Masha Bell who has provided the contents for this website is also author of the book 'Understanding English Spelling'. They are both part of her campaign to make more people aware of the problematic nature of English spelling which she first started in 1995 with letters to newspapers. Poor literacy standards of school leavers in the UK were attracting much media attention at that time, with everyone blaming school teachers. She had just retired from teaching on health grounds and felt driven to join the debate.
Since the start of the 21st century there has been an accumulation of research evidence proving that learning to read and write English is exceptionally difficult. Masha Bell had been keenly aware of this through first-hand experience since 1959, when she first began to learn English in Lithuania at the age of 14. She was already fluent in Lithuanian, Russian and German.
In 1970 she graduated in Philosophy and Psychology at Exeter University and then went on to become a secondary school teacher of English and modern languages in Dorset. She also raised two children and studied French and Spanish. Her life and education have provided her with unique experiences and insights into language learning.
All English-speaking countries have relatively high levels of adult functional illiteracy (20% in US and UK, compared with 10 % in Germany, 8 % in Sweden). This is usually already evident by age 11, with one in five children failing to learn to read effectively before starting secondary school. Perversely, Anglophone countries also conduct more research into the best way to teach reading and writing and have more debates about it than other countries, but invariably without regard to the unique problems of English spelling.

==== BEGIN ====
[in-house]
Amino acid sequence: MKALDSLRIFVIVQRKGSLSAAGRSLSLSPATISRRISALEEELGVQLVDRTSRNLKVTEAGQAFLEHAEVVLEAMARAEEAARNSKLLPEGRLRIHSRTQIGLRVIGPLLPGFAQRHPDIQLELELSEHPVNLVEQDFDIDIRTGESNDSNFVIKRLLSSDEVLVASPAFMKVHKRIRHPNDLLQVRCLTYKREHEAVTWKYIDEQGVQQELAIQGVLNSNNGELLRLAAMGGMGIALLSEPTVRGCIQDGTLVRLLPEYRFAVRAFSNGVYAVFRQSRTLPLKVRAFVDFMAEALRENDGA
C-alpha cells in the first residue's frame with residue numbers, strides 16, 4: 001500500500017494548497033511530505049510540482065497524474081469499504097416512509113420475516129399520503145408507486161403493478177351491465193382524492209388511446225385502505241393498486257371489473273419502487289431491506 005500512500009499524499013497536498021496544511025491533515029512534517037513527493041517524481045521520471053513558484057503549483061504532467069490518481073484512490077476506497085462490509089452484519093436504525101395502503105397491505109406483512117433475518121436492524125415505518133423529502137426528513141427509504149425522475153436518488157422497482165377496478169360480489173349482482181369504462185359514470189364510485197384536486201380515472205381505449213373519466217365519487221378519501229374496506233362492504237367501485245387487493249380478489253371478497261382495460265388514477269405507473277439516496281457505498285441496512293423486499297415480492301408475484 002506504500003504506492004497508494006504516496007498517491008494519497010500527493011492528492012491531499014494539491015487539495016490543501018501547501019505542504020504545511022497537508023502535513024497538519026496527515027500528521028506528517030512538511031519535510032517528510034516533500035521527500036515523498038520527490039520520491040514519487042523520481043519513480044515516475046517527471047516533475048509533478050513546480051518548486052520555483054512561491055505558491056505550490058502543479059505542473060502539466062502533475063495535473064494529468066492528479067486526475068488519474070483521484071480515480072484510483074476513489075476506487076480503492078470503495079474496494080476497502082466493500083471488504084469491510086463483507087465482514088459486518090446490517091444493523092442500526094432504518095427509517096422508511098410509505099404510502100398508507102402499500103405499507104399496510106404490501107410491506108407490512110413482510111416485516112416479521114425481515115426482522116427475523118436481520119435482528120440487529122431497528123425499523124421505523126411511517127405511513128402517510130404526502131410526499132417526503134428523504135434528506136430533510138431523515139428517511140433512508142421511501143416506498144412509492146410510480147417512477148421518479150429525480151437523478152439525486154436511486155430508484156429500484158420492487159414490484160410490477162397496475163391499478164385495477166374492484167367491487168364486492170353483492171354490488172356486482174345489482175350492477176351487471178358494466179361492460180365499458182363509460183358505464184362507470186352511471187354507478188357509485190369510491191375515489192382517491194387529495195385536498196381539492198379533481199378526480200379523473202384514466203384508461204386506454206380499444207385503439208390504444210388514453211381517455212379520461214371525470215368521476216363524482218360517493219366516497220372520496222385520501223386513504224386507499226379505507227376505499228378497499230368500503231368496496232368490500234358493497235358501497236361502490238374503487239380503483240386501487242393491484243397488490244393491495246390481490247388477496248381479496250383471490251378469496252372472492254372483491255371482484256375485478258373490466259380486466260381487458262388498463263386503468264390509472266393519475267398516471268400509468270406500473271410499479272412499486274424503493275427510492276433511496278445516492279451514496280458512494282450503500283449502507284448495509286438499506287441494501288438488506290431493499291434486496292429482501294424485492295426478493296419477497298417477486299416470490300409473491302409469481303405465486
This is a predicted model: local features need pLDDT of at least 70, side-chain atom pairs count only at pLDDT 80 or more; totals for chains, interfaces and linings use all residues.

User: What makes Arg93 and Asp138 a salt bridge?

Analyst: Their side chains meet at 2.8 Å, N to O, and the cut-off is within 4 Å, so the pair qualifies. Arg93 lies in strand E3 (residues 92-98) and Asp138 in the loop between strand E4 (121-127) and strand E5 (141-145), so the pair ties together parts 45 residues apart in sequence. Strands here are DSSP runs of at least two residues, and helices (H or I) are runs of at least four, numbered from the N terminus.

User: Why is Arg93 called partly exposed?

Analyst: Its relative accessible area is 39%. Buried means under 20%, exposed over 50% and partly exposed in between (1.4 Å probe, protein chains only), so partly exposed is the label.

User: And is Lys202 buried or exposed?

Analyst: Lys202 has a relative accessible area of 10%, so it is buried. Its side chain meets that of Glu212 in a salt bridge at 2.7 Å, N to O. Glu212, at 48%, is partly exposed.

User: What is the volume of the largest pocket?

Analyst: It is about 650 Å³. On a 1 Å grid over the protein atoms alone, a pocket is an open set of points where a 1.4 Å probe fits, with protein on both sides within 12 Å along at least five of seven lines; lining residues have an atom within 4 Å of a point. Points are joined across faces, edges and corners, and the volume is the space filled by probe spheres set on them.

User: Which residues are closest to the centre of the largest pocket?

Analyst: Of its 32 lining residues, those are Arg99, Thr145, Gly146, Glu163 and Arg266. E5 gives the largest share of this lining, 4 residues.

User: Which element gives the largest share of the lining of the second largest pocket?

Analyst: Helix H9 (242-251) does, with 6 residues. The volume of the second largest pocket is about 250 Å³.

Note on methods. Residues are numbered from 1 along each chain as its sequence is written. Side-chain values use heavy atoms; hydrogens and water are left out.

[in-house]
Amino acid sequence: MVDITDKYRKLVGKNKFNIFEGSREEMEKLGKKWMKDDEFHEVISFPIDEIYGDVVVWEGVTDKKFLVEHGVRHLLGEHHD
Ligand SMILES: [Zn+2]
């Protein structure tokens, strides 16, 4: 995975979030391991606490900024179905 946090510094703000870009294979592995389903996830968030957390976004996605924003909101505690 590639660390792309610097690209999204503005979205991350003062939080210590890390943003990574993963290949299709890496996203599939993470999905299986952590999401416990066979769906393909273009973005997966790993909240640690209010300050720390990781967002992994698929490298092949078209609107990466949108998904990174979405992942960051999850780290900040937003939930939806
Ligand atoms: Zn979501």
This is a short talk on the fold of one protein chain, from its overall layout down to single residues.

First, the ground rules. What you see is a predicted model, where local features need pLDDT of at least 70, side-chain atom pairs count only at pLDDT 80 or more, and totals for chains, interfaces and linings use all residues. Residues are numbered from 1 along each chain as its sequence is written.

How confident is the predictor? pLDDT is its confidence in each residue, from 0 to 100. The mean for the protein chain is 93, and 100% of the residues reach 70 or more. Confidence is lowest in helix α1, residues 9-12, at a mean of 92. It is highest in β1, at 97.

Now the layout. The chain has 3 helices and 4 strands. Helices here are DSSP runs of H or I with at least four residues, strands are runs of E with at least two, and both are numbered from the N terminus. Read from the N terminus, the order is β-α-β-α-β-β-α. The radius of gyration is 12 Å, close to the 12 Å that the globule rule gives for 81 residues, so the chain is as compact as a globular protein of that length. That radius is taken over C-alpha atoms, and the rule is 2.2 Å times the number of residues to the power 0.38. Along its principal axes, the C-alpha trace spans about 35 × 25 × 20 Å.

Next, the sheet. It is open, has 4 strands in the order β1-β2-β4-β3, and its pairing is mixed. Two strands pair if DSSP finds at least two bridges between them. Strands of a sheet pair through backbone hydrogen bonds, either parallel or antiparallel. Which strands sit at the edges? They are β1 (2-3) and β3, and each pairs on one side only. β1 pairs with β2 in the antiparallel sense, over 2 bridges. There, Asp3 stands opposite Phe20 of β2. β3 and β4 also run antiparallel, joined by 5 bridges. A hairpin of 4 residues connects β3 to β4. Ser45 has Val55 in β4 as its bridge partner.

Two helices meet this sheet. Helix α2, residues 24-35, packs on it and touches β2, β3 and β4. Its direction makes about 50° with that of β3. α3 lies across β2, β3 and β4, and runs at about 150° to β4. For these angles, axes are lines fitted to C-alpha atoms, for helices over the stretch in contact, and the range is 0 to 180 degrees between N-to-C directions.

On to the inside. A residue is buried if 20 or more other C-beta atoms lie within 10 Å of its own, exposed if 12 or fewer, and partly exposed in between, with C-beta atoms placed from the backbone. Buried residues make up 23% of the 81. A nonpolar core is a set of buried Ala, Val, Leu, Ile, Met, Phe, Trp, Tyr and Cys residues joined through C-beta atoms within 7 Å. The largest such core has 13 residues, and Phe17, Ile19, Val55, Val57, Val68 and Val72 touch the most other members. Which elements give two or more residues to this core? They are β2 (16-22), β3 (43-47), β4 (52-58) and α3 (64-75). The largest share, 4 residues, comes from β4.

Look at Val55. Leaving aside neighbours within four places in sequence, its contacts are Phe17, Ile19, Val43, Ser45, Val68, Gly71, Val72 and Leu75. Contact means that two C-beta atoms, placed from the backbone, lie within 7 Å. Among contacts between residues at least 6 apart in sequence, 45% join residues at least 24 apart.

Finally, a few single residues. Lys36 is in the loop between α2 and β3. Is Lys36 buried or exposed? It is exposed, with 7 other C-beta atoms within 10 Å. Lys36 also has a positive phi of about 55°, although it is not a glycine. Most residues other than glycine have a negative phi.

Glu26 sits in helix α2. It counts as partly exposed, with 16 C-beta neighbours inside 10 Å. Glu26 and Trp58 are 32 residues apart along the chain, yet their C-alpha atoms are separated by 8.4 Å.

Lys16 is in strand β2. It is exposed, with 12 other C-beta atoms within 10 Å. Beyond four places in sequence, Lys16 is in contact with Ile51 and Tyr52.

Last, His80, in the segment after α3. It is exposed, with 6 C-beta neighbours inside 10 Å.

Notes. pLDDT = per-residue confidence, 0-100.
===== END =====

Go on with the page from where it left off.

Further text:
This is probably because those who learn English as their first language, and generally don't become very proficient in others, cannot readily appreciate the exceptional difficulties of English spelling. To anyone like Masha Bell who first learned to read and write with logically consistent spelling systems, English spelling seems ridiculously chaotic. Most foreigners, however, do not go on to become teachers of English in England. Nor do they realise that English spelling causes severe learning problems for native speakers too, and that its educationally demotivating effect is worse on them than on learners of English as a foreign language.
Masha Bell has therefore looked for ways of presenting and explaining the learning difficulties of English spelling to native speakers of English. She hopes that this will enable teachers to take a more dispassionate look at literacy problems, that it might put the everlasting 'reading wars' on a more rational footing, and perhaps also help to improve standards.
She ascertained English spelling problems by analysing 6800 commonly used words and identifying those which cannot be entirely decoded from their letters or spelt by using rules of the English spelling system. The 3700 words thus established are all listed on the different pages of this website.
Coping with this learning burden takes a great deal of time and effort, and may be of doubtful value when many other worthwhile subjects could do with extra time. Maybe it would be better to find ways of reducing the learning load instead of constantly searching for more effective ways of helping children to cope with it? The majority of irregular English spellings have no logical basis or good historical justification (see History).
The material on this website was proofread by Masha's husband Lewis Bell
and put on this site by Sandford Computers.